My daughter currently lives in Brixton in a flatshare and has been working from home for 2 weeks. He 2 flatmates have recently returned to home in North Wales so she is left alone. Her plan was to self isolate for a week since the last contact with anyone else and then return to our house in North Wales as she can just as easily work from home here. It would benefit her mental wellbeing being back at home.

I know we can only leave the house in essential circumstances and I'm not sure this is essential but I see 2 options:

I drive to to London and bring her straight back home - if stopped by the Police will they allow me to complete my journey or will this be deemed non essential.

She can use public transport to return home - Tube or Bus then Avanti West Coast to London Euston to Chester and I will pick her up from the Station. Are people being stopped at the Stations and asked if the travel is essential? Would travel be allowed if stopped?

Would appreciate any advice or recent experience.
 

Bletchleyite

Veteran Member
Joined
20 Oct 2014
Messages
63,867
Location
"Marston Vale mafia"
I know students have been advised that a journey home is not essential travel, so I would suggest it isn't for her either, I'm afraid, and so she would likely be refused access to public transport and you would be turned around and sent home.
 

WindsorJoe

Member
Joined
2 Jun 2019
Messages
18
Location
Windsor
Unfortunately, the advice for your daughter would be to remain in Brixton. Public transport would definitely not be a option. If you where to be stopped by the police, then you would be turned back towards home. Plus if anything where to happen on your journey to and from London such as a break down, accident need to top up for petrol it would be seen as putting yourself potentially into contact with others unnecessarily . Its unbelievably tough but staying in Brixton by herself is the advice I would give.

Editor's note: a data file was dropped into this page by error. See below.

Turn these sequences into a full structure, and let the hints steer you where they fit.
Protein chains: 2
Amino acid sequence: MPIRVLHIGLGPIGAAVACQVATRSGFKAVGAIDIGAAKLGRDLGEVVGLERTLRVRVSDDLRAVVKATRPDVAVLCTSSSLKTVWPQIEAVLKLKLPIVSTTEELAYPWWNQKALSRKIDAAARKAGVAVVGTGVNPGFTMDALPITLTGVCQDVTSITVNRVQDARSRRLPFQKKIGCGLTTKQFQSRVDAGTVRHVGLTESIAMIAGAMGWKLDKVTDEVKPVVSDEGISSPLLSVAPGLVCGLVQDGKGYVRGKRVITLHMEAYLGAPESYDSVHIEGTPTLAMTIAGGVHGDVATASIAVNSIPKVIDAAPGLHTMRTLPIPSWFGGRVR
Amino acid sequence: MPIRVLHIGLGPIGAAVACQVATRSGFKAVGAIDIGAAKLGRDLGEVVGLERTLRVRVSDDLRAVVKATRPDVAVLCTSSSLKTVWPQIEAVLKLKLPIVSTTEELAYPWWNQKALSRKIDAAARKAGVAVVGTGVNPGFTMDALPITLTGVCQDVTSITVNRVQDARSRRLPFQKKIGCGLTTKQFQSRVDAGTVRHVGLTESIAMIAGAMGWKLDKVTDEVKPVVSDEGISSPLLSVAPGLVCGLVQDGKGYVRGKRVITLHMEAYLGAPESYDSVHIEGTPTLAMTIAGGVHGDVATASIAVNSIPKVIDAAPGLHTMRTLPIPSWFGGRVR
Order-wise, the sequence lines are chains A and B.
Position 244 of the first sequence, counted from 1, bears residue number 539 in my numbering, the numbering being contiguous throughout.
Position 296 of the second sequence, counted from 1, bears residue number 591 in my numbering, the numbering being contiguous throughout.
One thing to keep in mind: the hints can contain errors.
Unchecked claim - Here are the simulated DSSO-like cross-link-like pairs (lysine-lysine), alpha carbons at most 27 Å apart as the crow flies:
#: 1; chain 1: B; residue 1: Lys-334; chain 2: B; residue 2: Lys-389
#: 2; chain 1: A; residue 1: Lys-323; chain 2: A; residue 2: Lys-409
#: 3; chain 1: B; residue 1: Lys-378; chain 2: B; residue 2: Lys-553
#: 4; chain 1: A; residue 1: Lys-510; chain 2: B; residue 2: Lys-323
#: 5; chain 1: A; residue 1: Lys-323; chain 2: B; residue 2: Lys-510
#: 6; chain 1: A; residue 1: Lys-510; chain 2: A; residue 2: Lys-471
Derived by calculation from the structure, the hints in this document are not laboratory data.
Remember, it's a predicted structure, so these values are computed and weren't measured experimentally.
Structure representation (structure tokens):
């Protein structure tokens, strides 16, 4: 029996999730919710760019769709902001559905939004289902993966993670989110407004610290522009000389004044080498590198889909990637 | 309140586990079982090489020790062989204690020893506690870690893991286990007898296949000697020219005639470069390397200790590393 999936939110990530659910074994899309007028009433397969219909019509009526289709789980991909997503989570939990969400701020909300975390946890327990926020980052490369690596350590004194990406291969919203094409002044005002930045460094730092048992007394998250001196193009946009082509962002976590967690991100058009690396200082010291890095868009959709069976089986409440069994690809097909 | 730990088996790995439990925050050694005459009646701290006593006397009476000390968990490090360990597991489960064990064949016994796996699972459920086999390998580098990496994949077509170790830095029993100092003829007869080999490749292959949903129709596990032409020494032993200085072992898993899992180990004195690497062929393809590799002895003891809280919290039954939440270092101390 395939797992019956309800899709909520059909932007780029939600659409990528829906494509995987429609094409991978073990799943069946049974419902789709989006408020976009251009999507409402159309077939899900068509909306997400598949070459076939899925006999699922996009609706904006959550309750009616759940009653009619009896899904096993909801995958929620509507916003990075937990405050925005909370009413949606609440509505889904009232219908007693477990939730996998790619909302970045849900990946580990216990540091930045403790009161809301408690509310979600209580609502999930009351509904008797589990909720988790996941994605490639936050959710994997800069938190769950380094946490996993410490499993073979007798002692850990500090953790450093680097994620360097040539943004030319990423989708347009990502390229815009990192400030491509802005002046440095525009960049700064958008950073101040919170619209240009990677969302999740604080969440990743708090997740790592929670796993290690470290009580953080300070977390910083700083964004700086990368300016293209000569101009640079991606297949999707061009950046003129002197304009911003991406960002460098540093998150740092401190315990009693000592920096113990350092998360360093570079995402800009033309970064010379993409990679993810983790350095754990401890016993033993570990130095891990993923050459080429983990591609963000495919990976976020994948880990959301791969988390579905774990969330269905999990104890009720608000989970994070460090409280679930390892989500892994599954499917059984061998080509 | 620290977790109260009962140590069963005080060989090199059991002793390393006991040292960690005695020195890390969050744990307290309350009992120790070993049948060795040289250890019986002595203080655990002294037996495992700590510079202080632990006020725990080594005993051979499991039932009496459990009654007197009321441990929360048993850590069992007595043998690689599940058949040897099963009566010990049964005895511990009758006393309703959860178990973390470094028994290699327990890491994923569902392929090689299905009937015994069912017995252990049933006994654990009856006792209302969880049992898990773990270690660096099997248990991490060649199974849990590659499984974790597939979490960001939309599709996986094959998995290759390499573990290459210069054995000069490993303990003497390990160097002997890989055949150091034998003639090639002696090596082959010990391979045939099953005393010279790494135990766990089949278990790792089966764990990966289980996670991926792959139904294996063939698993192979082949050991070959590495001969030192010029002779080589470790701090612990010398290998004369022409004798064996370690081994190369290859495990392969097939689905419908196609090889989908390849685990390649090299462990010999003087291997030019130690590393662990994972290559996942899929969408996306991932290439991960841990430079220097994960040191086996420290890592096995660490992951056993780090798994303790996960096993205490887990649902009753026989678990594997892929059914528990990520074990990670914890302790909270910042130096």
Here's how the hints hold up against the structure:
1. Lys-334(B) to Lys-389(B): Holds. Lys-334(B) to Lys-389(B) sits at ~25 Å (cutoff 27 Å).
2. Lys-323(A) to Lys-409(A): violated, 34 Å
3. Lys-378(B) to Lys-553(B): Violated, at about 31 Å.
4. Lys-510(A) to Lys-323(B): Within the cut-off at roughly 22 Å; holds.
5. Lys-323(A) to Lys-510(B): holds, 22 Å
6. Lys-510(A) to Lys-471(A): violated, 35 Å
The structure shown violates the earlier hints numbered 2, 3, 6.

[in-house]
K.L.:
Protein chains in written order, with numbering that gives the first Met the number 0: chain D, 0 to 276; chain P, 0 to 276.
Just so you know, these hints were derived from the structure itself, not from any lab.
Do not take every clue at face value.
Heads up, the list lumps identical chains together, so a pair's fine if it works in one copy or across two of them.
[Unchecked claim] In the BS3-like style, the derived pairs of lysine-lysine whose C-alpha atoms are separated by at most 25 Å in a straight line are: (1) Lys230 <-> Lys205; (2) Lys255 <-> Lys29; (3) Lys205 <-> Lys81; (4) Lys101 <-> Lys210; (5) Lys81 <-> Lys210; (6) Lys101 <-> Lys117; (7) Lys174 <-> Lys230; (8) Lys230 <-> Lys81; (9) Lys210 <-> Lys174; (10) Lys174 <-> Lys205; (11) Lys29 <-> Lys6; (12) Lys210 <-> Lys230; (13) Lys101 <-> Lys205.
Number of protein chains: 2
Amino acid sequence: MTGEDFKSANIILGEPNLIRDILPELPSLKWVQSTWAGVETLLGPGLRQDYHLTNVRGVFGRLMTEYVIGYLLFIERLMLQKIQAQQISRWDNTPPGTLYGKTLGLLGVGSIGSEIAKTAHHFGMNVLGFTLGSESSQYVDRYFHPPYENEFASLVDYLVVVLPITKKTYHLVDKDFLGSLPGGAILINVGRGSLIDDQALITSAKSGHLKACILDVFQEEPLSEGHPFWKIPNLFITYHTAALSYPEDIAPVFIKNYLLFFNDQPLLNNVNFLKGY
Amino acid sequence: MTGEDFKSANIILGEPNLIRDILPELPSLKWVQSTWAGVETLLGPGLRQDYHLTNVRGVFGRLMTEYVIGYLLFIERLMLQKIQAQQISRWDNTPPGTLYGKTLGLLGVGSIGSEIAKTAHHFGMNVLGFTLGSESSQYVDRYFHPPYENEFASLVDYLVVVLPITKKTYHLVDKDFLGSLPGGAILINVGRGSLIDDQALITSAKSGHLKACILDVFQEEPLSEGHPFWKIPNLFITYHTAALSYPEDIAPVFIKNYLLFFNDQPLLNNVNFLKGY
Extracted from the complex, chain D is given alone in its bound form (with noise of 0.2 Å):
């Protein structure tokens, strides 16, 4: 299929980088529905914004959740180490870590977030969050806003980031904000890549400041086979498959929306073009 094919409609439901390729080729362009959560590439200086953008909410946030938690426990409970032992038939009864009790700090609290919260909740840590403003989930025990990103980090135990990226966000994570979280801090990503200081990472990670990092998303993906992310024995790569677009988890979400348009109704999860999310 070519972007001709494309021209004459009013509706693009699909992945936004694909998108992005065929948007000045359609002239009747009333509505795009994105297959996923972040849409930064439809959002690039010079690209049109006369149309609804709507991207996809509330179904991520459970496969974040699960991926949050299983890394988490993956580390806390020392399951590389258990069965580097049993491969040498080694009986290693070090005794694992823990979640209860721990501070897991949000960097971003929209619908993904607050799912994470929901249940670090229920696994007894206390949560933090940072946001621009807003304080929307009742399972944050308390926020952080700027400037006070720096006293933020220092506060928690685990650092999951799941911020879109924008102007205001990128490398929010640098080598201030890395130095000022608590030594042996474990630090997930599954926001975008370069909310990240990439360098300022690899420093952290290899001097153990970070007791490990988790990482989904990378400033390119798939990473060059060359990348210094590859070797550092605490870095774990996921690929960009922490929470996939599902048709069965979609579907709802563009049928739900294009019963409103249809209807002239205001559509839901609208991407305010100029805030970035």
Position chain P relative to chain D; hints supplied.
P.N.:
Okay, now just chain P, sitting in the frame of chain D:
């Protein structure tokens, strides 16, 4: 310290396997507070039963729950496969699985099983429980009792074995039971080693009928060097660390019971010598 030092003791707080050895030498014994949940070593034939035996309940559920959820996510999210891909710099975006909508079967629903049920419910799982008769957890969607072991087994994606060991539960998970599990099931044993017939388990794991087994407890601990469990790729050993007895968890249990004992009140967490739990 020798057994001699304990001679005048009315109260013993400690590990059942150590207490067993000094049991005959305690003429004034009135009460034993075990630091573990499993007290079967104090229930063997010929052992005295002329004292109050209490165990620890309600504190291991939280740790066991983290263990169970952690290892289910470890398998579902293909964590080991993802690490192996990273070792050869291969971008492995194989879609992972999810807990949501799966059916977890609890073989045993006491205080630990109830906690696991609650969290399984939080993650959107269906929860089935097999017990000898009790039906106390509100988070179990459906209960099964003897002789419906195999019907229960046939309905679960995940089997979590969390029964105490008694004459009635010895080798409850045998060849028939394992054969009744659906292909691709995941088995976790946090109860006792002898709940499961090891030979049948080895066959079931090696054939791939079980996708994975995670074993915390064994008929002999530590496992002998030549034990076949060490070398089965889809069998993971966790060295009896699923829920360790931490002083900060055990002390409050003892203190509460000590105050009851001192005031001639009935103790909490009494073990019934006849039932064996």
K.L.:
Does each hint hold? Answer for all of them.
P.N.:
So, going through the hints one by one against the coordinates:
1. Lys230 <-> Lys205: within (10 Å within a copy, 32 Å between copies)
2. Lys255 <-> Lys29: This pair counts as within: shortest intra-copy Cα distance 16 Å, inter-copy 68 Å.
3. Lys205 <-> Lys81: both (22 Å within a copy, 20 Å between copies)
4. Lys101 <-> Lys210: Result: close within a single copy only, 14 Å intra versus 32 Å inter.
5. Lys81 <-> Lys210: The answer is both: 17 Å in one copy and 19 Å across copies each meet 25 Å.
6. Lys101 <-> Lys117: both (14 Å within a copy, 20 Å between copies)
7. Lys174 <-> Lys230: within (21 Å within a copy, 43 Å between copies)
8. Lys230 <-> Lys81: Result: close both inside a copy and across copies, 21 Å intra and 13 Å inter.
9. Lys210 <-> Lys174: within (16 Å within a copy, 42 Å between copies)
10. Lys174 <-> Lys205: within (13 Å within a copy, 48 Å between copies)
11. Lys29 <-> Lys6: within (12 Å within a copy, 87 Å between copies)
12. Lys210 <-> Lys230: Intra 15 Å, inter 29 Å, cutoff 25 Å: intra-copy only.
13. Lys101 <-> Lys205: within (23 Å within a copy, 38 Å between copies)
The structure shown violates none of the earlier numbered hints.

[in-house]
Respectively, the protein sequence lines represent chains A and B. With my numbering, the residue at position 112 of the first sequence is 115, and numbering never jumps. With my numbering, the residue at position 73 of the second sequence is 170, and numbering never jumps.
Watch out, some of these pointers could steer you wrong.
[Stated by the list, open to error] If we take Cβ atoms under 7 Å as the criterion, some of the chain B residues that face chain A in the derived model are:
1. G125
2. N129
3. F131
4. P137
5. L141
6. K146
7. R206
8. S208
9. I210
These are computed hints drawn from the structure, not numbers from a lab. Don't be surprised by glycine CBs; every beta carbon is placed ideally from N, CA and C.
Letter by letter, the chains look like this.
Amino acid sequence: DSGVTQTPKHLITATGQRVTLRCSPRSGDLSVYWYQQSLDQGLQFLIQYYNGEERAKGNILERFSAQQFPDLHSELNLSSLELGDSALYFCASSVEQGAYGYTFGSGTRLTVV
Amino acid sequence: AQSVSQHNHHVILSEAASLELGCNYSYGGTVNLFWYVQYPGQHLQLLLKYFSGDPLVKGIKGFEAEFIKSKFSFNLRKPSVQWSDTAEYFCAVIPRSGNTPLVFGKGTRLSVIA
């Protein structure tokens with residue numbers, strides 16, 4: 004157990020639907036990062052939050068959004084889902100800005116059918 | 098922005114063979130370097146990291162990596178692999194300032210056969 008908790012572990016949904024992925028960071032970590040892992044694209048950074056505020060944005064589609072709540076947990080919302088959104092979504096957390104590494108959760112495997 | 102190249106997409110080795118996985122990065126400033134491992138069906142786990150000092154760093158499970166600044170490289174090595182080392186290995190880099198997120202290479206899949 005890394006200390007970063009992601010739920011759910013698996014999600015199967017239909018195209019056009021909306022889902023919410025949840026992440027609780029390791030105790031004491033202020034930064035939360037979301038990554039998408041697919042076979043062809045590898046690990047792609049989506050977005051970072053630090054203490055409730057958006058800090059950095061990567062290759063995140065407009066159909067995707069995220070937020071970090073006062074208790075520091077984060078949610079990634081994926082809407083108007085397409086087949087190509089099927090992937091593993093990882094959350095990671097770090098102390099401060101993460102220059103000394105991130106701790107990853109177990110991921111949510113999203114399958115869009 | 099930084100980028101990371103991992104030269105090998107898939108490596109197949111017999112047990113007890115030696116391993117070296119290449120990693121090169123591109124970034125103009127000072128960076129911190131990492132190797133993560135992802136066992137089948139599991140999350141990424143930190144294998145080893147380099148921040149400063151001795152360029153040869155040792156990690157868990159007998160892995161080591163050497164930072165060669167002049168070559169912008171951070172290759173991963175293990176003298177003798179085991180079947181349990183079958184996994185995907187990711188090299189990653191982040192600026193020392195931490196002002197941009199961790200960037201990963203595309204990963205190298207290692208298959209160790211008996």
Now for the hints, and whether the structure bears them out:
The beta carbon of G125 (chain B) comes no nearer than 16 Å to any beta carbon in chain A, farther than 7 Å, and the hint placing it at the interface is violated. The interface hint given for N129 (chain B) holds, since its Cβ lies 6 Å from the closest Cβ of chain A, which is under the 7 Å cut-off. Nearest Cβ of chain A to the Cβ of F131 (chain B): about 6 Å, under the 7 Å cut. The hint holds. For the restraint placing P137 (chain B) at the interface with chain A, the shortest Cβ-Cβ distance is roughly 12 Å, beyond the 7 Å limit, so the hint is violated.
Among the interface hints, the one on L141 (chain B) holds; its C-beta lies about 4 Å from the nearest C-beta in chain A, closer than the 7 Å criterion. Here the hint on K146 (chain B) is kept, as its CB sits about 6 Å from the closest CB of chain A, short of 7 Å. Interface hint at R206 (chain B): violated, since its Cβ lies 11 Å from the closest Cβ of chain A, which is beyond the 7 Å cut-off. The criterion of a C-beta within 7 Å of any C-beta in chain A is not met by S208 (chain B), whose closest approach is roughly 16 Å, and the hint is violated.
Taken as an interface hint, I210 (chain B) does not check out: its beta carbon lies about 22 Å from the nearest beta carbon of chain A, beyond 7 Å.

Jamesrob637

Established Member
Joined
12 Aug 2016
Messages
3,268
Or you may make it to Brixton but get turned back on the return, just as bad.
 

yorkie

Forum Staff
Staff Member
Administrator
Joined
6 Jun 2005
Messages
52,451
Location
Yorkshire
...When will people realise that this virus is not the only influencer on health. There is potentially far more damage to be done by the most recent measures brought in with both mental health and long-term economic damage.....
I do share these concerns, as do many others I know. I believe the current mood among many is that we will continue for these three weeks, and possibly a little longer if required, but people are not going to accept the current situation indefinitely. There are many people I know who are at far greater risk from the measures used to counteract the virus than the risks of the actual virus itself; but understand the current need for restrictions, but at some point something has to give.

Just to add can we try to get back to discussing the enforcement element as we already have a separate thread for the actual measures being taken.
 

Tetchytyke

Veteran Member
Joined
12 Sep 2013
Messages
11,616
Location
Isle of Man
The measures are not there for "authoritarian" purposes - they are there to help slow the spread of the virus.

I respectfully disagree- the virus is the excuse, not the motivation.

My gut instinct is that many of the worst "emergency" changes, such as those to the Mental Health Act, won't get rescinded when the virus has gone. I also strongly suspect much of the "emergency" legislation will stay on the statute books- even if dormant for a bit- ready to be used again next time but on a politician's whim.
 

Meerkat

Established Member
Joined
14 Jul 2018
Messages
4,501
I respectfully disagree- the virus is the excuse, not the motivation.

My gut instinct is that many of the worst "emergency" changes, such as those to the Mental Health Act, won't get rescinded when the virus has gone. I also strongly suspect much of the "emergency" legislation will stay on the statute books- even if dormant for a bit- ready to be used again next time but on a politician's whim.
All the legislative changes are temporary. They can’t continue without further parliamentary debate and voting
 

Belperpete

Established Member
Joined
17 Aug 2018
Messages
1,547